Gil Müller - Services for Software Architecture

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I help and guide you in the production of software. As the production of software is a complex and costly process, I support you designing your software with the following goals in mind:

  • The production has to be lean. The idea is to minimize effort in terms of man power and overall time while maximizing your invest in terms of legacy software and business knowledge.
  • The production has to be flexible. This means you are able to make changes in the functionality (on request of your client) and you are especially able to have intermediate results (e.g. for demonstration).
  • The production has to enforce quality. To accomplish this, the design has to consider all involved parties: the client, the project management, product design, the development team and the quality management.
  • The production has to be scalable in terms of your team. This enables you to make the best of the talents of your team.
  • The production has to have a sustaining effect. It shall increase the lifetime of your software and be adaptable to the evolution of your business.


I offer you my service in the following stages of the software production:

  • Inception: Here you start your project whether from scratch or extending some running system. You mainly think about the business case for the project. I advise you making clear assumptions about the needed software technology, so that the project challenge can be estimated realistically.
  • Elaboration: The project plan and the architecture has to be established. In this stage, I will help you to set up a slim and robust design that realizes your business case and fits to your making of software. Additionally, it is important to establish a clear understanding of the design and its risks within the team and the other involved parties (e.g. customers and management).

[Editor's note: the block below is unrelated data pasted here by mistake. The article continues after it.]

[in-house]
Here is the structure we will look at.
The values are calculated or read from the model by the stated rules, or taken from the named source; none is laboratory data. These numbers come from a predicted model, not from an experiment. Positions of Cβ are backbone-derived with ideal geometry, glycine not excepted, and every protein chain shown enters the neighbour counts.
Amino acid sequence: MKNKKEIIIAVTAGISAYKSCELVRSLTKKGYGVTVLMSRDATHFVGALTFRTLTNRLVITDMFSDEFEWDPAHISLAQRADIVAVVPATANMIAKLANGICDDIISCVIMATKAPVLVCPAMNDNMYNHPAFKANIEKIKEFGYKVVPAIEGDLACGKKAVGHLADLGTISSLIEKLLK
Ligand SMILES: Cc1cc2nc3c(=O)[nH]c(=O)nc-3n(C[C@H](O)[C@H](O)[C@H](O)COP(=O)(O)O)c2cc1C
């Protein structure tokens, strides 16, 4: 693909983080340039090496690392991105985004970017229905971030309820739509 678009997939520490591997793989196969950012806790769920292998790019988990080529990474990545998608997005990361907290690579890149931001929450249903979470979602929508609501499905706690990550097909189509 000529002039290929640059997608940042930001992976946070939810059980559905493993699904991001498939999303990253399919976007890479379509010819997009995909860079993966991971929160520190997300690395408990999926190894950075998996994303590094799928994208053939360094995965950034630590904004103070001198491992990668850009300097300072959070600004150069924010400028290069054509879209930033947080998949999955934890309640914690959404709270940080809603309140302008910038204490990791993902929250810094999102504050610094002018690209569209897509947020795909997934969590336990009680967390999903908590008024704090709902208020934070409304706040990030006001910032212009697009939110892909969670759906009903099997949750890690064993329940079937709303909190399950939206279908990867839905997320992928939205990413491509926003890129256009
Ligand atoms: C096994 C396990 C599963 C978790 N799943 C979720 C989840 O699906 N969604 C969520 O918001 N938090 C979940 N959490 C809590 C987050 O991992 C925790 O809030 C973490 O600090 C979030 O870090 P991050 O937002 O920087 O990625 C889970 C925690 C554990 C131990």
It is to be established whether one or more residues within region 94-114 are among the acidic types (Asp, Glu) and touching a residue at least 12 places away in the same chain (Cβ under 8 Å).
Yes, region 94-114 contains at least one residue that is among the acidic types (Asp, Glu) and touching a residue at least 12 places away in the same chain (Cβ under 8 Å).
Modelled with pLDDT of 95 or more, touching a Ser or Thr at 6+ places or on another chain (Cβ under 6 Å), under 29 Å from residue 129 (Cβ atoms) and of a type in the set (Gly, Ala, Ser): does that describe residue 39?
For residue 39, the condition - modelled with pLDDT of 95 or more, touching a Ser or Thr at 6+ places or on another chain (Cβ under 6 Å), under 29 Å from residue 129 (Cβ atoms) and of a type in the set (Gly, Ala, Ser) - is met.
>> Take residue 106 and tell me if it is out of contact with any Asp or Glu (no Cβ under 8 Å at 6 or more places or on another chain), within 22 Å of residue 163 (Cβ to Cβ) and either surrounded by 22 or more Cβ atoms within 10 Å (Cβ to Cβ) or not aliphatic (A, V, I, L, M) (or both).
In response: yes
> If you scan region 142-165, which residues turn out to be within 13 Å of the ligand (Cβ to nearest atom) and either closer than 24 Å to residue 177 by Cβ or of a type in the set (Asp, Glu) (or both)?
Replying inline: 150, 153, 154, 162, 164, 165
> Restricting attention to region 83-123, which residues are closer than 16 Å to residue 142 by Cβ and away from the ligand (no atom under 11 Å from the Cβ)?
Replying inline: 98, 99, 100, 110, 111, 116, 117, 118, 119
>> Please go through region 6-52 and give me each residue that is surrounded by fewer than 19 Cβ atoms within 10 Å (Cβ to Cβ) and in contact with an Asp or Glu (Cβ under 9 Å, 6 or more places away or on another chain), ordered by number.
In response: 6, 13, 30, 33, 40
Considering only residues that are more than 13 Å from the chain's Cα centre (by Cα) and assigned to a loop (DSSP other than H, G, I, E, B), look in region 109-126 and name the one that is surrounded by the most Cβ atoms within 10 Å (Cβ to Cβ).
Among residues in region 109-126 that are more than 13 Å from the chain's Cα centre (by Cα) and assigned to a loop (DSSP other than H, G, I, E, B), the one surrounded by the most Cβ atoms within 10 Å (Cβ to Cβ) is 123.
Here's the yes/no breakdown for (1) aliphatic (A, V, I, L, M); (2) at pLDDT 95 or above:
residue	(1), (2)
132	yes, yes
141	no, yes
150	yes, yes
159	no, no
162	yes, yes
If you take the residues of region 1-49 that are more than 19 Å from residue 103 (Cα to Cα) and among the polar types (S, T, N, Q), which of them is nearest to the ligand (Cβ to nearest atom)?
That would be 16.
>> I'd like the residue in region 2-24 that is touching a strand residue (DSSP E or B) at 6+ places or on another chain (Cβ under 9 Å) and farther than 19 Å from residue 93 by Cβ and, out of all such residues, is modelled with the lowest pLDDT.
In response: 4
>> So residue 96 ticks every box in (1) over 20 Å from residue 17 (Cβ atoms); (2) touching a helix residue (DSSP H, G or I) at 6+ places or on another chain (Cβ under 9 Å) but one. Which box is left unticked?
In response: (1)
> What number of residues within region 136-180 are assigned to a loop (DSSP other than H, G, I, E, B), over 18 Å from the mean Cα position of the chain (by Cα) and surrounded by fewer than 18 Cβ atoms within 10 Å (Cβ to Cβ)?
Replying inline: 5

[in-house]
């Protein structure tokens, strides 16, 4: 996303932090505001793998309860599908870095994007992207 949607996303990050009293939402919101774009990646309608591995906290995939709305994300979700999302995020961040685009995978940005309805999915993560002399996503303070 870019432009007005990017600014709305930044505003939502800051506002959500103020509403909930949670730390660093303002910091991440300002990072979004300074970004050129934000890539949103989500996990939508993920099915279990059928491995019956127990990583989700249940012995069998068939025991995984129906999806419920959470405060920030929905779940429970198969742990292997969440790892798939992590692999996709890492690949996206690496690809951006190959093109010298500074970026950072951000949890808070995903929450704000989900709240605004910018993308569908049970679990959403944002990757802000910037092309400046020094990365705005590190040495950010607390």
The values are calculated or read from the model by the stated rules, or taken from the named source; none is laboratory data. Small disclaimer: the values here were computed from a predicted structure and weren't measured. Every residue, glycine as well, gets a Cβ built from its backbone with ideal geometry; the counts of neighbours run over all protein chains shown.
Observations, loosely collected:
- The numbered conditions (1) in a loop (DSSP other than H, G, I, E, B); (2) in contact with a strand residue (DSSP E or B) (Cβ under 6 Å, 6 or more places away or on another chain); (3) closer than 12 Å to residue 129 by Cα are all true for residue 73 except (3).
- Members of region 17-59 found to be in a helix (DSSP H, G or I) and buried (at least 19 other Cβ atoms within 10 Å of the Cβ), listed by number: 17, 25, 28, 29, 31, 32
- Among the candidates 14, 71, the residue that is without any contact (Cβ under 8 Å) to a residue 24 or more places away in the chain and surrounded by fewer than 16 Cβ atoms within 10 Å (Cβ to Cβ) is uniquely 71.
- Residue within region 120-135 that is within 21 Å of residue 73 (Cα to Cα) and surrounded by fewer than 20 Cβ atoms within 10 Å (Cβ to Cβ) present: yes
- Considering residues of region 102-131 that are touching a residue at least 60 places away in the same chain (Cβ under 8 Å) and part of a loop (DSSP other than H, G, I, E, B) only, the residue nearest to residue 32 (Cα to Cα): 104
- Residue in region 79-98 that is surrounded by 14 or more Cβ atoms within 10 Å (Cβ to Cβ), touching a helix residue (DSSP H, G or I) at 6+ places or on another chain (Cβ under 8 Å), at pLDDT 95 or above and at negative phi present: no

• Construction: At this stage, you focus on realizing the software. My role will be to coordinate and supervise every evolving task in terms of the agreed design. This includes reviews of detailed designs (e.g. for sub-systems or components) or mediating any arguments on the design.
  • Transition: Finally, you like to hand over the system to your customer. In terms of quality management this means to guarentee that the functional and non-functional requirements are fulfilled. Additionally, the customer might request changes. Depending on the particular change request, this could lead to a new production cycle.

These stages are loosely based on the Rational Unified Process to exemplify typical stages in a software production. But, it is not intended to imply any particular software process (agile methods are also fine).

© 2002 by Gil Müller